As opposed to offering loosely structured state block grants, the Race to the Top is an excellent idea that leverages federal dollars towards smarter, higher-impact state policies directly tied to deployment goals. And if successful, doubling energy productivity would have significant benefits for reducing emissions and boosting U.S. competitiveness.

With that the President shouldn’t limit his proposal to just energy efficiency. The Race to the Top model could be a breakthrough policy for supporting a number of energy innovation issues including deploying emerging energy power generation technologies with utilities and smart grid implementation. In fact, a Race to the Top model could effectively tie state and regional competitive advantages like National Labs, universities, industry, and utilities to the marketplace to accelerate the deployment of next-generation clean energy technologies. Programs like ARPA-E, SunShot, and the Innovation Hubs have already set aggressive technology goals that could easily be used in an expanded Race to the Top model.

5) Muddied the Climate Policy Waters by Calling for Cap-and-Trade

While the President proposed a number of limited energy innovation policies, his overall vision for climate policy was marked by calling for renewed discussion of market-based strategies like cap-and-trade.

“Now the good news is, we can make meaningful progress on this issue while driving strong economic growth. I urge this Congress to get together, pursue a bipartisan, market-based solution to climate change, like the one John McCain and Joe Lieberman worked on together a few years ago. But if Congress won’t act soon to protect future generations, I will. I will direct my Cabinet to come up with executive actions we can take, now and in the future, to reduce pollution, prepare our communities for the consequences of climate change, and speed the transition to more sustainable sources of energy.”

Unfortunately, what the climate debate needs least is further deliberation of politically failed and structurally flawed climate approaches of years past. Cap-and-trade does not adequately advance energy innovation or reduce carbon emissions. U.S. emissions are falling not because of the state-based Regional Greenhouse Gas Initiative cap-and-trade program – they are falling because cheap and cleaner natural gas is replacing coal and the recession has reduced energy demand. Shale gas-based carbon reductions are a powerful lesson for reducing emissions quickly through cheaper, low-carbon technology options and not with carbon caps and prices.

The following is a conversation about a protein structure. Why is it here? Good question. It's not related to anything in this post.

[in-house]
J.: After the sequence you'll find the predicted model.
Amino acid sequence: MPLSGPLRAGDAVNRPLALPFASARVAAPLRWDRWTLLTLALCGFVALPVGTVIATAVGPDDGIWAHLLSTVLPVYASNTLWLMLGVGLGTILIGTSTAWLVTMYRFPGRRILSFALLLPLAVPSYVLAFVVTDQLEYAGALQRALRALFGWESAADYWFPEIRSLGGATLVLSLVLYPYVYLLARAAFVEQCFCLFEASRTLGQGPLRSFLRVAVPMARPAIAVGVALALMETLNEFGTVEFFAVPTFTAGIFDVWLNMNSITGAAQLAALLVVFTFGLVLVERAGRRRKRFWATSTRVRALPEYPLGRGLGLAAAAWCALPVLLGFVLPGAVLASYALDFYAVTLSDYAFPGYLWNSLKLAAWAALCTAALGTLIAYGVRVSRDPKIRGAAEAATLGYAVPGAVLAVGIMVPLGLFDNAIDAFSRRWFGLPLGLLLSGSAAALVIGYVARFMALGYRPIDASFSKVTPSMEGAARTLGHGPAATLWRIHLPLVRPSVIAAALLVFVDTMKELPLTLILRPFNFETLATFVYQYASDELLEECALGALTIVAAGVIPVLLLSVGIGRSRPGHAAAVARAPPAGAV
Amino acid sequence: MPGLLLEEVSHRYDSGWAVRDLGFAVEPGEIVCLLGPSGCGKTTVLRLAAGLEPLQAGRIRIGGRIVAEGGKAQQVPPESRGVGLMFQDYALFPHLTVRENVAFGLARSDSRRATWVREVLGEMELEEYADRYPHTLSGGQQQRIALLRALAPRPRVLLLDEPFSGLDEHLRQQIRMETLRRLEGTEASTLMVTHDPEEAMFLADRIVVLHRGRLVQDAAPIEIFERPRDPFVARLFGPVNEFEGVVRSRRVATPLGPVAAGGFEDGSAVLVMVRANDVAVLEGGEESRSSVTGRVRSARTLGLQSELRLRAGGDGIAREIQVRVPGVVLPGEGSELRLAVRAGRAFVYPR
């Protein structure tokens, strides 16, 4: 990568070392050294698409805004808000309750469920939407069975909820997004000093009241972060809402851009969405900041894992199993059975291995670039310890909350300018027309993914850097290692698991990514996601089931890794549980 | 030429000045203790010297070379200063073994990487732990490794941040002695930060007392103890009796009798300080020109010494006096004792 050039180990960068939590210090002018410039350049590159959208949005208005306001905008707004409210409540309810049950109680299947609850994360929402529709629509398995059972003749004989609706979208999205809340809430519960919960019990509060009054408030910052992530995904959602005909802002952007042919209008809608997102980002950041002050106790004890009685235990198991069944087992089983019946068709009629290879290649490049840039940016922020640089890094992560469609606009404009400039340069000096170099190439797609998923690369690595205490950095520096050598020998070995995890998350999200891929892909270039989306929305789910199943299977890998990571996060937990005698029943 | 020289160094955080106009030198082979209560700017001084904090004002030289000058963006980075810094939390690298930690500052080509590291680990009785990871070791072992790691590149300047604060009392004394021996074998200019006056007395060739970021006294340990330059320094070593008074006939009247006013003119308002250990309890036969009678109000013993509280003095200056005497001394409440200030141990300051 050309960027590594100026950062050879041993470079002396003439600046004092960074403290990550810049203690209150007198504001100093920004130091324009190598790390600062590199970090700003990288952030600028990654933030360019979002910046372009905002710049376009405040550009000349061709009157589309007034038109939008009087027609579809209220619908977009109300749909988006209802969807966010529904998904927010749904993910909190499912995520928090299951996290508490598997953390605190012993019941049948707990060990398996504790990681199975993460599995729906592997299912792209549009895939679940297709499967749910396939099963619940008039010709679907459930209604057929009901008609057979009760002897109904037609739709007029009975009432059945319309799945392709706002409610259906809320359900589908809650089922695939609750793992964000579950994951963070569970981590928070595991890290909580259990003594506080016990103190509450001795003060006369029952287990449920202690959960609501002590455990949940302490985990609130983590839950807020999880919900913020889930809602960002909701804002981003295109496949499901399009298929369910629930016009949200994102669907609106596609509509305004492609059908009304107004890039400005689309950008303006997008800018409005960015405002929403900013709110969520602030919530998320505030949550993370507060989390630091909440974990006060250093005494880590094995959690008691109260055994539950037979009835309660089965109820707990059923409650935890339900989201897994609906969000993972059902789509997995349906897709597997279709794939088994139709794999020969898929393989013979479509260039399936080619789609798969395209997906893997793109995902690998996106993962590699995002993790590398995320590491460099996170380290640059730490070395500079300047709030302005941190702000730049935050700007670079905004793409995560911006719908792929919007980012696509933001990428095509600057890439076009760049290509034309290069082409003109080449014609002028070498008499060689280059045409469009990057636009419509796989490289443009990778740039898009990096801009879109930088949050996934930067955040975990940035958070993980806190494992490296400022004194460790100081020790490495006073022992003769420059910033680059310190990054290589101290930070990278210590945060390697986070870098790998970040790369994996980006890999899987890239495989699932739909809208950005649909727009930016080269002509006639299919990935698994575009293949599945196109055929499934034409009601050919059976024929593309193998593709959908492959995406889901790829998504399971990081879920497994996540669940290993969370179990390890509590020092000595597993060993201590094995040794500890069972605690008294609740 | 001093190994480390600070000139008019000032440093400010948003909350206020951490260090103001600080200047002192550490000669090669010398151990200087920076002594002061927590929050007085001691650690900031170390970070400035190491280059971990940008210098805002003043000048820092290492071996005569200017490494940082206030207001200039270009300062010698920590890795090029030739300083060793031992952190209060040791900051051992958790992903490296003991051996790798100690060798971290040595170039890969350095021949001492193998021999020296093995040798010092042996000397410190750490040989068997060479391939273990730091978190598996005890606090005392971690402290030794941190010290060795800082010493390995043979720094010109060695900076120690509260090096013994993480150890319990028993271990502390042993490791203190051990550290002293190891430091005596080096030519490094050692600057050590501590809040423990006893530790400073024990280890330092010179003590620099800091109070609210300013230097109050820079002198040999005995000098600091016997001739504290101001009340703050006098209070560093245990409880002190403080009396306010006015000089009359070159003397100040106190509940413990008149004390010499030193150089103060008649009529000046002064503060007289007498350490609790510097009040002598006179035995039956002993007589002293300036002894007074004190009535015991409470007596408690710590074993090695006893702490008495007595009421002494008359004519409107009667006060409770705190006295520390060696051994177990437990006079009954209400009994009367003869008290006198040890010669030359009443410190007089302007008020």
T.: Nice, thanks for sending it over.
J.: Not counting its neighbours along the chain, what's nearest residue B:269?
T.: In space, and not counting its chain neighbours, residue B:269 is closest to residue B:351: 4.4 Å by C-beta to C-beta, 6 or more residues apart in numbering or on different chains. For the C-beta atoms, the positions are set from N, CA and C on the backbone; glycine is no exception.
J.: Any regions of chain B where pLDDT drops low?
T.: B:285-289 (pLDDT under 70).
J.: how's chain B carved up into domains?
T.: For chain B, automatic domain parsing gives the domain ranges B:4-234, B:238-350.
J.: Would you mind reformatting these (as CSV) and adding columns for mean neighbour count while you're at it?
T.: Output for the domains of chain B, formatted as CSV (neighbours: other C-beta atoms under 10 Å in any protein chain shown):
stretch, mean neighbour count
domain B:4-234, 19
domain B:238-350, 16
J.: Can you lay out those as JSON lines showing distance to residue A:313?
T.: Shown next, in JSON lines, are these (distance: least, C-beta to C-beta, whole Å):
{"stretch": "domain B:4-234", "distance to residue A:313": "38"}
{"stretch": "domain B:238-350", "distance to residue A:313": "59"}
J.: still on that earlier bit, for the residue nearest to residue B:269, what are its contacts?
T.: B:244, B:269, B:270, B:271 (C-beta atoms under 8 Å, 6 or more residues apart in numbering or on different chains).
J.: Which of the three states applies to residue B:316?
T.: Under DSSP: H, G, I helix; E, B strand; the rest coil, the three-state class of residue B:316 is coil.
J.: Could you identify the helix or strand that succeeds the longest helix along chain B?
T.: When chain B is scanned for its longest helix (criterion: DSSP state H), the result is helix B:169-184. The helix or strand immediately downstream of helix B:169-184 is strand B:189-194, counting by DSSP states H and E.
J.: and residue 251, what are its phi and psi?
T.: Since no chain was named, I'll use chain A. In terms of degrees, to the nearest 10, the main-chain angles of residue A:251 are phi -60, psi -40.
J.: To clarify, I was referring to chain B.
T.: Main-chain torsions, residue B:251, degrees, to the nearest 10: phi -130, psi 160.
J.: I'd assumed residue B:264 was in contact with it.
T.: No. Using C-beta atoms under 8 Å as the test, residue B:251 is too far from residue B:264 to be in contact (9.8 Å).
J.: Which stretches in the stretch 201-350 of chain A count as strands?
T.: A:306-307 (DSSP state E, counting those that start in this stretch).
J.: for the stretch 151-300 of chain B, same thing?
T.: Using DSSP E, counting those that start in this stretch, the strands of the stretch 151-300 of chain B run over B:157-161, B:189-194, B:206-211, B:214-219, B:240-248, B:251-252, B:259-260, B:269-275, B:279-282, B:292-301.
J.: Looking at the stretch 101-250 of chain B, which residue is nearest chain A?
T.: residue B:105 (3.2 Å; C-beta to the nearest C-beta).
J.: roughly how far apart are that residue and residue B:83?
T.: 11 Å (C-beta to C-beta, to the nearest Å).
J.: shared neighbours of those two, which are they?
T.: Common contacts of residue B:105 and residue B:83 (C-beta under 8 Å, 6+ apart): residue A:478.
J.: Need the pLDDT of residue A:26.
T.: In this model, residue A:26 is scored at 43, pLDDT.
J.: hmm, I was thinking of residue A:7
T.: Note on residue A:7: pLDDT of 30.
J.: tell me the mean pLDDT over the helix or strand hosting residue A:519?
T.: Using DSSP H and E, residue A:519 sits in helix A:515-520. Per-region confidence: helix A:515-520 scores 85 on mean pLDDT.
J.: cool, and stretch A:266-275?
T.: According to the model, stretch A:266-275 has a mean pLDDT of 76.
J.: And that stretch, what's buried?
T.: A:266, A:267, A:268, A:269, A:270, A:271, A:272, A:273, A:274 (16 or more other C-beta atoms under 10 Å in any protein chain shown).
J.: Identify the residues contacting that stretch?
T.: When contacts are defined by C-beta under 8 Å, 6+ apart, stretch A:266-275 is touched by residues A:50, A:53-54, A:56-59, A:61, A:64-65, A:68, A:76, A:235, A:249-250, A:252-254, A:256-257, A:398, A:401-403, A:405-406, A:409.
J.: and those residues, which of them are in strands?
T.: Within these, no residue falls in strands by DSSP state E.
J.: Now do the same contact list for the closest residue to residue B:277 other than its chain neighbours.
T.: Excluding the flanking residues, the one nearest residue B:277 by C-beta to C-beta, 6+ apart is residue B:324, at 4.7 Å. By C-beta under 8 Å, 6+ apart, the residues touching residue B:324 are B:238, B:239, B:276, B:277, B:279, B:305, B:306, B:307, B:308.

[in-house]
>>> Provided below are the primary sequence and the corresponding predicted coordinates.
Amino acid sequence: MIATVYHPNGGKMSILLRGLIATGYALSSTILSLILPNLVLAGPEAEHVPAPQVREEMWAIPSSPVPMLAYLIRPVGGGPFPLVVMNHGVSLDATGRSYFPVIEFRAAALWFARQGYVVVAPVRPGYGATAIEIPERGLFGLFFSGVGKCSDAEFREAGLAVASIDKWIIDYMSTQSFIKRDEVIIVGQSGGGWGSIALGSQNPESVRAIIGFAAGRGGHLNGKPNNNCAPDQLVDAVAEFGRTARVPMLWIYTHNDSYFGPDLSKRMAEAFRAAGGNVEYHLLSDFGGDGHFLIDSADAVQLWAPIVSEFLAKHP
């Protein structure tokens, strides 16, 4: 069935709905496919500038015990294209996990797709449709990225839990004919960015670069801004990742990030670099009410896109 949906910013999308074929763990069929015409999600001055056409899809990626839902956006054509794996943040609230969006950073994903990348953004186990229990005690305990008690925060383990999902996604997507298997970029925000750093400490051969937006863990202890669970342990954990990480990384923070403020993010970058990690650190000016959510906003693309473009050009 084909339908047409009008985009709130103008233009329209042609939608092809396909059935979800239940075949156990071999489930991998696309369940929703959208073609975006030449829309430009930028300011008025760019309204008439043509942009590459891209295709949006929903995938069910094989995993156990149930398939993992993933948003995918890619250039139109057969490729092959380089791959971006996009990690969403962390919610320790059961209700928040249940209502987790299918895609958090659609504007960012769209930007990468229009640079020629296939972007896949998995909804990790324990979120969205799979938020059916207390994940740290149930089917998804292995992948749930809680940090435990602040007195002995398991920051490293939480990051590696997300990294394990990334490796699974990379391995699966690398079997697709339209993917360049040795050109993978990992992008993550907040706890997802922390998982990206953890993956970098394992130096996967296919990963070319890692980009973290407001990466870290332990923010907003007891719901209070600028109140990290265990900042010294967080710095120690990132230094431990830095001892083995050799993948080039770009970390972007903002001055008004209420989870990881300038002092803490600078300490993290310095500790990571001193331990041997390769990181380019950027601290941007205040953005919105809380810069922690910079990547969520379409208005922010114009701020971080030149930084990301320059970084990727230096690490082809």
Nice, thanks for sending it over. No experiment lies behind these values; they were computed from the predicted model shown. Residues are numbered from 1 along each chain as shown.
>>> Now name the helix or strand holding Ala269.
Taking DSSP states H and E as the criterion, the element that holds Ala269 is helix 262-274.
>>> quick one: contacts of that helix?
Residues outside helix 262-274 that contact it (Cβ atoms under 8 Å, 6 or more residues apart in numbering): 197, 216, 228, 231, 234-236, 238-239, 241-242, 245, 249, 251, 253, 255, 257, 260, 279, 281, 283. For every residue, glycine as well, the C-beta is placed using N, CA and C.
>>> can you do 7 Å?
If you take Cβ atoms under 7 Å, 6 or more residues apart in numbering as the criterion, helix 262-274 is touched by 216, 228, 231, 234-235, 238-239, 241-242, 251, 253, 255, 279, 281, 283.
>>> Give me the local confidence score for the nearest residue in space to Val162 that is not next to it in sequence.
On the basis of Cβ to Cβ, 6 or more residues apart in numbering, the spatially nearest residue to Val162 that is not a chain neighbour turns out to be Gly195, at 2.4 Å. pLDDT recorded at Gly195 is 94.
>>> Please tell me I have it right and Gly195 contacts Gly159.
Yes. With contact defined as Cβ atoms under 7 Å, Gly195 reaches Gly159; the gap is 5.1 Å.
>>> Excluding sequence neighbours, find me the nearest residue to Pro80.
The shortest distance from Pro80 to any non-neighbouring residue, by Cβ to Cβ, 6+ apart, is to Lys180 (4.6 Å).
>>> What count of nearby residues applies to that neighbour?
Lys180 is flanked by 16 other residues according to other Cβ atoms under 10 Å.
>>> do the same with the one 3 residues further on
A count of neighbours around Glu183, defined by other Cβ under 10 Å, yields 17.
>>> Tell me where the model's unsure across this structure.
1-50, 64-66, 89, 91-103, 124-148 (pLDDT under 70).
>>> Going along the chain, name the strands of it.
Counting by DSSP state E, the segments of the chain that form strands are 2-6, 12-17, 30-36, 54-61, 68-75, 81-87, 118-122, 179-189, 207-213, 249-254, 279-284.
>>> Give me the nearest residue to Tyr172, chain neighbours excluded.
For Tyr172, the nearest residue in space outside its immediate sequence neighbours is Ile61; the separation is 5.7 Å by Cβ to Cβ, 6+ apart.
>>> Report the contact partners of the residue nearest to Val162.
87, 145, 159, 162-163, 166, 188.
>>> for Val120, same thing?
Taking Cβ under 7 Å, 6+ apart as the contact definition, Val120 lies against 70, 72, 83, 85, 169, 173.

To be fair, a cap-and-trade program would provide some benefits, namely accelerating coal-to-gas switching already underway. But ultimately switching from fossil fuels to clean energy will take much more than what even the most politically audacious cap-and-trade program has to offer.

And this is not to say a “market-based” climate policy couldn’t be effective, especially if a much simpler carbon tax were proposed as a revenue stream for clean energy technology development and deployment. ITIF has proposed such a market-based solution (here), as has the Brookings Institution (here) and the Breakthrough Institute (here). But doing so requires framing climate change as an innovation and technology challenge. Republican Senator Lisa Murkowski explained this best by replying after the speech, “I think it depends on how you define ‘climate.’ If we’re talking about ways to reduce our emissions through the use of our technologies, sign me up. If we’re talking about a command-and-control approach, I think you’re going to have some real struggles in Congress.”

It is time for Congress and the President to realize that the best market-based approach to solving climate change is making clean energy technologies cost- and performance-competitive with fossil fuels through technology innovation. To get there, we need stronger, smarter, and more consistent federal and state support for R&D through deployment and manufacturing of clean tech. The President outlined some progressive vehicles to take us down this path, but more must be done to make the transformation happen.